They learn to think and use their common sense, as well as new skills and knowledge. Students who invent their own procedures:
ï Learn that their intuitive methods are valid and that mathematics makes sense.
ï Become more proficient with mental arithmetic.
ï Are motivated because they understand their own methods, as opposed to learning
ï Become skilled at representing ideas with objects, words, pictures, and symbols.
ï Develop persistence and confidence in dealing with challenging problems.
ADVANTAGES OF THE FORMAL ALGORITHMS
Plunkett (1979), Thompson (1997), Usiskin (1998) and other writers offered several reasons for this. These included :
â¢ Standard algorithms are powerful in solving classes of problems, particularly where the computation involves many numbers, where memory may be overloaded.
â¢ Standard algorithms contracted, summarizing several lines of equation involving distributivity and associativity.
â¢ Standard algorithms are automatic, being able to be taught to, and carried out by, someone without having to analyze the underlying basis of the algorithm.
â¢ Standard algorithms are fast, with a direct route to the answer.
â¢ Standard algorithms provide the written record of computation, enabling teachers and students to locate any errors in the algorithm.
â¢ Standard algorithms can be instructive.
â¢ For teachers these are easy to manage and assess.
DISADVANTAGES OF THE FORMAL ALGORITHMS
Kamii and Dominick (1998), McIntosh (1998), and Northcote & McIntosh (1999) have potential dangers that can be summarized as follows :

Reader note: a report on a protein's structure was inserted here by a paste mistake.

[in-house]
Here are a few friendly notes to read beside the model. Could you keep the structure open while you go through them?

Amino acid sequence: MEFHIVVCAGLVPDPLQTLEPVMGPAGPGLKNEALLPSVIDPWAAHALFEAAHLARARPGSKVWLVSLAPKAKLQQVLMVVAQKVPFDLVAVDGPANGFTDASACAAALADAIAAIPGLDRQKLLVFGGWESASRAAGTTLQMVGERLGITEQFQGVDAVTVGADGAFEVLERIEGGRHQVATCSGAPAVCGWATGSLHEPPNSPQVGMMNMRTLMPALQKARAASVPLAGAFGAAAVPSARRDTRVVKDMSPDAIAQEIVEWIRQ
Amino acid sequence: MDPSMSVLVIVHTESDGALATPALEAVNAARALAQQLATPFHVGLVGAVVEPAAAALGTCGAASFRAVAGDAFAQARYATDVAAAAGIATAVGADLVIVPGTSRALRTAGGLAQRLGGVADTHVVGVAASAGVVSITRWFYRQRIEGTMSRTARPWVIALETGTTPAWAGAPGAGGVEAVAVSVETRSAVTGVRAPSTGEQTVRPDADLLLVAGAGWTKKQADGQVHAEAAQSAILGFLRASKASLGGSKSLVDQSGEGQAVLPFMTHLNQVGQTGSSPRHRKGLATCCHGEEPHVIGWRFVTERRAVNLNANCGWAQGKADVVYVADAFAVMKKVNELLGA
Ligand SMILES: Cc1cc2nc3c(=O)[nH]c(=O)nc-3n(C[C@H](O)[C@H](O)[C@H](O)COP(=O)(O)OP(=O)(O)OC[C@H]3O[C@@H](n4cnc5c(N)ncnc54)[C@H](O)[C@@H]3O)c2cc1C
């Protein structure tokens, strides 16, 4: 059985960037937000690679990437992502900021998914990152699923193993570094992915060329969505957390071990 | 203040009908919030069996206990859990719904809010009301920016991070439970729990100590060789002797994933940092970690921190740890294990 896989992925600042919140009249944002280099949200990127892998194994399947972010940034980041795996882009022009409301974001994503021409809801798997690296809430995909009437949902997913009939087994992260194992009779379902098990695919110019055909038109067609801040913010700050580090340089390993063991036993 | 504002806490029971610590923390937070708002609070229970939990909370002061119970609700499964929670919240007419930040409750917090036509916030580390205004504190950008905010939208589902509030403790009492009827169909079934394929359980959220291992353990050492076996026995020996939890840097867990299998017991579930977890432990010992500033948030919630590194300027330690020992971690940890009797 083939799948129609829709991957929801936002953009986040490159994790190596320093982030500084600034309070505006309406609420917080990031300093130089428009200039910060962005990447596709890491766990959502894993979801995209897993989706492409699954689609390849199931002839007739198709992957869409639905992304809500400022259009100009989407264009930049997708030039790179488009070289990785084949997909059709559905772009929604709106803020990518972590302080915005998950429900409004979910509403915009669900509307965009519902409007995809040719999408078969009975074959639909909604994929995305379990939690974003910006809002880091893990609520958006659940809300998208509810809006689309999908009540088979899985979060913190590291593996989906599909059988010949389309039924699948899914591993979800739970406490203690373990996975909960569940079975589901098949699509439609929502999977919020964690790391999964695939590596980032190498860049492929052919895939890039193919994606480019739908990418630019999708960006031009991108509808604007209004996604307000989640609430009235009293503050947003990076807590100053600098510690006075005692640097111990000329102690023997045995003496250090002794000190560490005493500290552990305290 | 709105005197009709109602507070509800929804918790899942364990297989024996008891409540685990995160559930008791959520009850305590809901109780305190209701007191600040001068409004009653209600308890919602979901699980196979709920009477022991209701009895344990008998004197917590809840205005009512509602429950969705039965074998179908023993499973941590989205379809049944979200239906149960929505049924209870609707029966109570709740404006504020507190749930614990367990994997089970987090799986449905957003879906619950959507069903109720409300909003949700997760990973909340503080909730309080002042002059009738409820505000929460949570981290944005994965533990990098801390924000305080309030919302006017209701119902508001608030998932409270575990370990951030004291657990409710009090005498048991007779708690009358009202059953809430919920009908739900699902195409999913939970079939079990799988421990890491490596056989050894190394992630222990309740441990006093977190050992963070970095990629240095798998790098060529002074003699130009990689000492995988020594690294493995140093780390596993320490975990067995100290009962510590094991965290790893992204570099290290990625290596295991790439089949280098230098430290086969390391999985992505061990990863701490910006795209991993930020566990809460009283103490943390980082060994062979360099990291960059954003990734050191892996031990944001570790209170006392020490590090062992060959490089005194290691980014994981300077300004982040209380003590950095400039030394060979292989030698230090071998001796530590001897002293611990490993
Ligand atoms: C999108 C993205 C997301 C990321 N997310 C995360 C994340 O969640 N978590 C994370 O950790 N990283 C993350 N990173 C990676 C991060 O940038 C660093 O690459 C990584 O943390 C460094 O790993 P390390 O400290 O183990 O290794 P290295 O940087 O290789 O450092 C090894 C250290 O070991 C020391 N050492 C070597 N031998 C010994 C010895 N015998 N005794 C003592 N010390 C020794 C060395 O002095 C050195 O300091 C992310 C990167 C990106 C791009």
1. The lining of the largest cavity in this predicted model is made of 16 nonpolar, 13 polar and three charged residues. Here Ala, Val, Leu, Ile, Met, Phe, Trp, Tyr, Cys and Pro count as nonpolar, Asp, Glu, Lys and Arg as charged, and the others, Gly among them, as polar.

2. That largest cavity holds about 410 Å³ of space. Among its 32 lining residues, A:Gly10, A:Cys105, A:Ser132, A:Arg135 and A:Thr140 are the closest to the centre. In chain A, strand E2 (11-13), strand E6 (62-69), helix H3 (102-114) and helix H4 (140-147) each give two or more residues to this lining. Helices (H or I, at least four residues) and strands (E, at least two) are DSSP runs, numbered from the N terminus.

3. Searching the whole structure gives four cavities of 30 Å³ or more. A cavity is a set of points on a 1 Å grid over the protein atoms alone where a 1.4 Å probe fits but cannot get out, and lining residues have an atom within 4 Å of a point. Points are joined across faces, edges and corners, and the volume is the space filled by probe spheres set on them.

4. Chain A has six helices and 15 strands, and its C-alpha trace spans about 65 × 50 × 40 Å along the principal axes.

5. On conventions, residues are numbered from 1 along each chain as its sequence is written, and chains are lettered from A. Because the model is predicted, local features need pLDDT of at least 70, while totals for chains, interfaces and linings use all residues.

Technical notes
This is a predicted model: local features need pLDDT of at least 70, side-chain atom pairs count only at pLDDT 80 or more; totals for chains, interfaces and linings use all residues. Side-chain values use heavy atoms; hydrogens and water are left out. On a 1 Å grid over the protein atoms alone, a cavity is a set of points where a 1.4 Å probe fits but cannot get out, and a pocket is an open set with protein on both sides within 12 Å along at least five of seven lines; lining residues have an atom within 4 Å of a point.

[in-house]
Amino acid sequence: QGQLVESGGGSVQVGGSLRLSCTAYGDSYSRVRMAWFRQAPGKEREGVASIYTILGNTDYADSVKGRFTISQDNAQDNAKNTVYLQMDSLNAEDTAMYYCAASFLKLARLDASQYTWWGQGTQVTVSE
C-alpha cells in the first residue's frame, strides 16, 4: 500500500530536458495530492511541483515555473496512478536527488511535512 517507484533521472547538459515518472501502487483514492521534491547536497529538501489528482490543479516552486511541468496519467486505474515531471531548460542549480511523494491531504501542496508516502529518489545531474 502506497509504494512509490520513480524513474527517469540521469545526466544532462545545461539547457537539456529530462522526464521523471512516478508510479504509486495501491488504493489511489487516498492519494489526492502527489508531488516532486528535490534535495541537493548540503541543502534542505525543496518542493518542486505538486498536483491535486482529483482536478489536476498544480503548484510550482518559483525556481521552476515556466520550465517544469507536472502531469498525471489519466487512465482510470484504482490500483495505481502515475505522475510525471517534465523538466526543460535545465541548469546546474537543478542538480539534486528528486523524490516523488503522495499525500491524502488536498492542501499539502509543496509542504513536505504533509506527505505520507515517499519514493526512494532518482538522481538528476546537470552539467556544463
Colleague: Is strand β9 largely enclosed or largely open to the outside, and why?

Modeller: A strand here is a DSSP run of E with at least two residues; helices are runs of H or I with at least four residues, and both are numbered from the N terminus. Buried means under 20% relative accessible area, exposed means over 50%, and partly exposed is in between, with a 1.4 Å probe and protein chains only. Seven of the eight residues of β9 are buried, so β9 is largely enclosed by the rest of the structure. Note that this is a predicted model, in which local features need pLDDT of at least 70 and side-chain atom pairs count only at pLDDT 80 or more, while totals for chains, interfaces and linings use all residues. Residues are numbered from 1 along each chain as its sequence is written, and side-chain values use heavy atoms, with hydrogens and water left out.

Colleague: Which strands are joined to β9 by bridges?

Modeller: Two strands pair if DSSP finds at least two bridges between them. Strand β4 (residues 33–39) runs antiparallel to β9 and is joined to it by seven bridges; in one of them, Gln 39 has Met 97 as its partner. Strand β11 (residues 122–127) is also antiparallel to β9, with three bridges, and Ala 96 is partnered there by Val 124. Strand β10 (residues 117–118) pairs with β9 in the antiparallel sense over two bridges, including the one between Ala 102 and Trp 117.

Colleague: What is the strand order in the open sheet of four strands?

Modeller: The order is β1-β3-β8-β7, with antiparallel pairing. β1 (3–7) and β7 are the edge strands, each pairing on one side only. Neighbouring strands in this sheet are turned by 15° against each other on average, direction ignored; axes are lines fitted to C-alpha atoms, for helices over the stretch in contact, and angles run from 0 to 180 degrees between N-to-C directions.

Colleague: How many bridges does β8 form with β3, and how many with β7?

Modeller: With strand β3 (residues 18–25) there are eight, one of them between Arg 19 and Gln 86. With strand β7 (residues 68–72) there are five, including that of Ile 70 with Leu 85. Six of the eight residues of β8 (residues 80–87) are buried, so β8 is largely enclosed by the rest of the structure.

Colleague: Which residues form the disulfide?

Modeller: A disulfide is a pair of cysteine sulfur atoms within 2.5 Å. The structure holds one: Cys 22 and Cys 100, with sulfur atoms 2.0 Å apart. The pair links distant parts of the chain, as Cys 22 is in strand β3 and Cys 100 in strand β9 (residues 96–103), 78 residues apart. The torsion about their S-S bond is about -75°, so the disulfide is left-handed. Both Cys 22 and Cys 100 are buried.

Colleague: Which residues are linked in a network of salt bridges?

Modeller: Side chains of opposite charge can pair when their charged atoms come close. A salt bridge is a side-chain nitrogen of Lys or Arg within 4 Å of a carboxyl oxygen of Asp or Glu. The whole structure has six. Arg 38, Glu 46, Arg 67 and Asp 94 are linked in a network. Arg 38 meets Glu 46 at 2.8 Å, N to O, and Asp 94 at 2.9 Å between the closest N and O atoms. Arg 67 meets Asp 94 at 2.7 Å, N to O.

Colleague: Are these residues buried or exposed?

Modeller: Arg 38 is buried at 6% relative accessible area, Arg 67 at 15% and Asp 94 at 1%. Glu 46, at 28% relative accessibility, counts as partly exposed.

â¢ They do not correspond to the ways in which people tend to think about numbers.
â¢ They encourage children to give up their own thinking and creativity, leading to loss of âownership of ideasâ.
â¢ The traditionally-taught (standard) algorithm may no longer be the most efficient and easily learned.
â¢ They tend to lead to blind acceptance of results and over-zealous applications. Given the focus on procedures that require little thinking, children often use an standard algorithms when it is not at all necessary.
â¢ There is a high probability that the students will lose conceptual knowledge in the process of gaining procedural knowledge.
There is also the use of relevance. Students use standard algorithms for only a small proportion of their calculation.
NEED OF THE STUDY
There has been a rapid expansion of knowledge in recent years. Realization of the relevance of education as reflected in human thought, style, social values and culture have made it imperative to upgrade the curriculum and learning approaches in order to improve the quality of life.
To make a student (learner) a scientifically literate citizen as envisaged in the National Policy on Education (NPE) 1986 and NCF-2005, there is an imperative need for the learner to:
o Understand and apply the basic concepts of mathematics;
o Develop desirable attitudes and value appreciation for truth and objectivity.
o Learn scientific method to apply it in solving problems and making decisions to improve everyday living.
It has been seen that emphasis are given on formal ways of solving mathematical problems in the school setting even though we know this practice overburden and increase the cognitive load over the students. To make mathematics meaningful and enjoyable, alternatives ways of solving problems should also be embraced and encouraged so that mathematics fear and phobia reduce and interest and attitude accelerate.
Position paper on teaching of mathematics, NCERT,(2006), also talked about the use of personal algorithms as mental algorithms or folk algorithms under the head of mathematics that people use. Appreciating the richness of these methods can enrich the childâs perception of mathematics.
The use of the constructivism in teaching of mathematics has been highly recommended in NCF-2005 for enjoyable, meaningful and effective learning.
For achieving these objectives, it is necessary to shift emphasis from rote memory based, content-oriented and teacher-centered method of teaching to child-centered methods based on constructivism approach.